In summer, as Chaucer observed at the opening of his great poem on the pilgrimage to the shrine of St Thomas à Beckett, “people love to go on pilgrimage”. Ease of travel and improved communications have made the pilgrim path much easier. Indeed though many lament what they see as a withering of faith, the number of pilgrims, especially to Marian shrines around the world, rises every year.
Among the most popular of these shrines for the last 150 years has been Lourdes in the foothill of Pyrenees. From this beginning the shrine attracted the attention of all France, and so of the wider world. Even Emile Zola, the sceptical novelist, a convinced positivist, found the atmosphere absorbing as he wrote in his novel about the pilgrimage of 1892.
Interestingly he observed how the renewed Church was incorporating the crowd, that is to say ordinary people, into its ideas, in a way the liberals of that time were then rejecting. He seemed to suspect that the crowd itself was a part of the curative process. Others, in the language of today, saw in the crowd the “People of God”.
At first Lourdes was not fully appreciated. The first French national pilgrimage was organised only 1872, immediately after the ‘Debacle’, the country’s defeat by the Prussians. However it was not until 1913 that the first Irish national pilgrimage to Lourdes was organised by the Irish bishops, so Canon Liston reminds us. Since then, bar times of war, countless thousands have gone since, both on organised pilgrimages, or individually.
Many have been in search of healing. Many simply wish to visit a place (in the words of T. S. Eliot about another famous shrine), “where prayer has been valid”.
This book has been written by Canon Liston of Limerick to mark the centenary of that first pilgrimage, and it will be read with interest and no little profit by those who travel to day.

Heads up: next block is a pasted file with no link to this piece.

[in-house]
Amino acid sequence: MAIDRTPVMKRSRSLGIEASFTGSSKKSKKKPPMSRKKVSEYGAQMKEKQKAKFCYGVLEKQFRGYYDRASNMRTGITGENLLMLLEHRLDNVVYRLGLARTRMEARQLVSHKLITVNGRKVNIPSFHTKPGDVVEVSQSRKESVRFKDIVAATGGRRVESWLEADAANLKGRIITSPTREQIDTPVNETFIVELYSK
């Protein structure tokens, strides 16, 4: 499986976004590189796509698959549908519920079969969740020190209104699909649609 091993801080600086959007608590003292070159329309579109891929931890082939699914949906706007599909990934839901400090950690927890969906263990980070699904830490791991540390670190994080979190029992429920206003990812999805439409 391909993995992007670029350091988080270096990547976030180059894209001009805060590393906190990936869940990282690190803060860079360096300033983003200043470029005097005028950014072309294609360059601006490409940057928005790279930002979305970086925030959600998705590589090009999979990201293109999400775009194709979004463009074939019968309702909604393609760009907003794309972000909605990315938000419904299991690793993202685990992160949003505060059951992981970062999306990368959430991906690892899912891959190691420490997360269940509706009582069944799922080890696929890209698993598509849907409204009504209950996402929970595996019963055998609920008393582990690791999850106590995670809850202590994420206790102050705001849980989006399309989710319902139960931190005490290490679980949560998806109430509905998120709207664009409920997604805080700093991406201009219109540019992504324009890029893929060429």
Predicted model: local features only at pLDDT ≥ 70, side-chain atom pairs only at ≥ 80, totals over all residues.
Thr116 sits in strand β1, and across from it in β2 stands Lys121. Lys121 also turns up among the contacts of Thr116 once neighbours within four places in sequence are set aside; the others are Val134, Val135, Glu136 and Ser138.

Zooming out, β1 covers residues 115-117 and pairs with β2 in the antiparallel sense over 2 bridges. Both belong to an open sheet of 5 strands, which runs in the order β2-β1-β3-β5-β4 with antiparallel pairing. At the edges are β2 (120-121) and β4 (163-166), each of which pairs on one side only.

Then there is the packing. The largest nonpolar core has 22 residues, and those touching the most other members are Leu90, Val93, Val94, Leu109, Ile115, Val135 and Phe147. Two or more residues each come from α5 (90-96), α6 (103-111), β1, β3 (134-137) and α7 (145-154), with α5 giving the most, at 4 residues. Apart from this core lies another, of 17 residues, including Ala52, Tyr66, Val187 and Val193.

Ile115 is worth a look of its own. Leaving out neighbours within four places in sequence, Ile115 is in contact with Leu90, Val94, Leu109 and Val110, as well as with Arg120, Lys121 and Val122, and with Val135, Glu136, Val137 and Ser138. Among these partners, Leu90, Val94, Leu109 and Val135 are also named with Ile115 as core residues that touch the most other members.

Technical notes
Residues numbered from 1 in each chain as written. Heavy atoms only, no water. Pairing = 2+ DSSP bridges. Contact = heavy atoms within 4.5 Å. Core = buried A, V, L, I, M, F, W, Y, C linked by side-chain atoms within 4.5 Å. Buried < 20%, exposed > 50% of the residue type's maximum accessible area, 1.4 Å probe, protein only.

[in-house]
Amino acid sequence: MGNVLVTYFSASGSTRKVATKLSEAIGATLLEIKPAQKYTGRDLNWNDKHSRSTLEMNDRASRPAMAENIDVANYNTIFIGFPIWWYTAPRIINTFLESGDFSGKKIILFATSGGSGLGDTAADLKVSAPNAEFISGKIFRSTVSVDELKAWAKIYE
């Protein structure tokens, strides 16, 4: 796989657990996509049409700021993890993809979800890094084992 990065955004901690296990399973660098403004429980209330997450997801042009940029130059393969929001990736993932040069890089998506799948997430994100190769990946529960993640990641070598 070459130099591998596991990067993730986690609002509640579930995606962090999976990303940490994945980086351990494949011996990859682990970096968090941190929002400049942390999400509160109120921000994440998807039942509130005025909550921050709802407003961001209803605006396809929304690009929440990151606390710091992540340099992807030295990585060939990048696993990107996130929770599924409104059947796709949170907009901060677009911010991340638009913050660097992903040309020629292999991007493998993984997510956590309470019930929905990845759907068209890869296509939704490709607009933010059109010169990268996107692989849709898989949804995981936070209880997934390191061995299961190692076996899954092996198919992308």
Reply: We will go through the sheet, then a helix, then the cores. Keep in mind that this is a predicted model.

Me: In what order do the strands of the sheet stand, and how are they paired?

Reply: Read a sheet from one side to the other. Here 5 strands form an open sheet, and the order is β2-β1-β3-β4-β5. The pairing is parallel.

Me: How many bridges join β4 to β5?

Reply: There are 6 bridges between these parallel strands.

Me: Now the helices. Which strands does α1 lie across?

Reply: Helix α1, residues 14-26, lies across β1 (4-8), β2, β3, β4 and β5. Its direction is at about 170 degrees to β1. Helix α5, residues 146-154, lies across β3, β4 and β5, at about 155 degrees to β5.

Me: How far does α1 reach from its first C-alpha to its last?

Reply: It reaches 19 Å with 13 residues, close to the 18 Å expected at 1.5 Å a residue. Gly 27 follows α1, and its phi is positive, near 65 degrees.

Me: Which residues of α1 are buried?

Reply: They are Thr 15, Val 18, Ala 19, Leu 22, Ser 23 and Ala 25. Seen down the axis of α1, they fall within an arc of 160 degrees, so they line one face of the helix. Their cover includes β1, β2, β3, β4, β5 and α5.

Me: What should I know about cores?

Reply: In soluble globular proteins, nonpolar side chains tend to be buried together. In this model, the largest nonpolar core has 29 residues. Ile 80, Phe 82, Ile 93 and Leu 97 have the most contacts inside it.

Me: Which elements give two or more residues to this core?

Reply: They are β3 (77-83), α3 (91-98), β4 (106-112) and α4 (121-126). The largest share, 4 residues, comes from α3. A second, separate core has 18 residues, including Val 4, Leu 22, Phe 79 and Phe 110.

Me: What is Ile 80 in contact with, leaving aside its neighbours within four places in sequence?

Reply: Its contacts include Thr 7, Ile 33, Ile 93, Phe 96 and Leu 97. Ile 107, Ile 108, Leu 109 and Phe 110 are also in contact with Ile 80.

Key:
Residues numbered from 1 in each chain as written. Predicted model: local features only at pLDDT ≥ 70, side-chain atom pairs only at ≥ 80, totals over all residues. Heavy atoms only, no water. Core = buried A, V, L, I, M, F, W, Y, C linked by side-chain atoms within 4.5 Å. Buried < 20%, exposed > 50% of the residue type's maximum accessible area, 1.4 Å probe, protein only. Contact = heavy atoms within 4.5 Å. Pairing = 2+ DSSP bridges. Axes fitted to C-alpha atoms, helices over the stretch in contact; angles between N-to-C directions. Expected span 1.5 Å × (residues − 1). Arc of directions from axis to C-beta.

The book falls into two parts. In the first part Canon Liston retells the story of Lourdes, of Bernadette, of the apparitions, and of the consequences. This narrative fills about half the book. The rest is devoted to the reflections that arise from the place, the saint, the pilgrims and the pilgrimage. In these pages his aim is to make the events of a century and half ago relevant to modern pilgrimages in the devotional language of today.
However, at the end of the book are two crucial pages devoted to “possible questions to support a review of life”. Here is pointed up what should be in the minds of pilgrims: the shared experience, not just of faith, but of fears and hopes as well; the feelings that arise from these new friendship, that the real purpose is to try to understand the "action of God in our lives, with the help of the scriptures”; and finally “a call to conversion”.
It is perhaps inevitable that for many people, sometimes even the most pious, the pilgrimage has been merely “a nice part of the holiday”. Canon Liston’s emphasis is on understanding ourselves and what the experience of Bernadette really was and means. There is no question of a search for that rare thing, a miracle; his call is for greater communion with God and with each other. The outer journey is merely a disguise for what should in fact be an interior voyage.
An early Irish poet many centuries ago understood this very well when he wrote (in the translation of Frank O’Connor):
To go to Rome,
Is little profit, endless pain.
The Master that you seek in Rome
You'll find at home, or seek in vain.
– Peter Costello, The Irish Catholic, 1 August 2013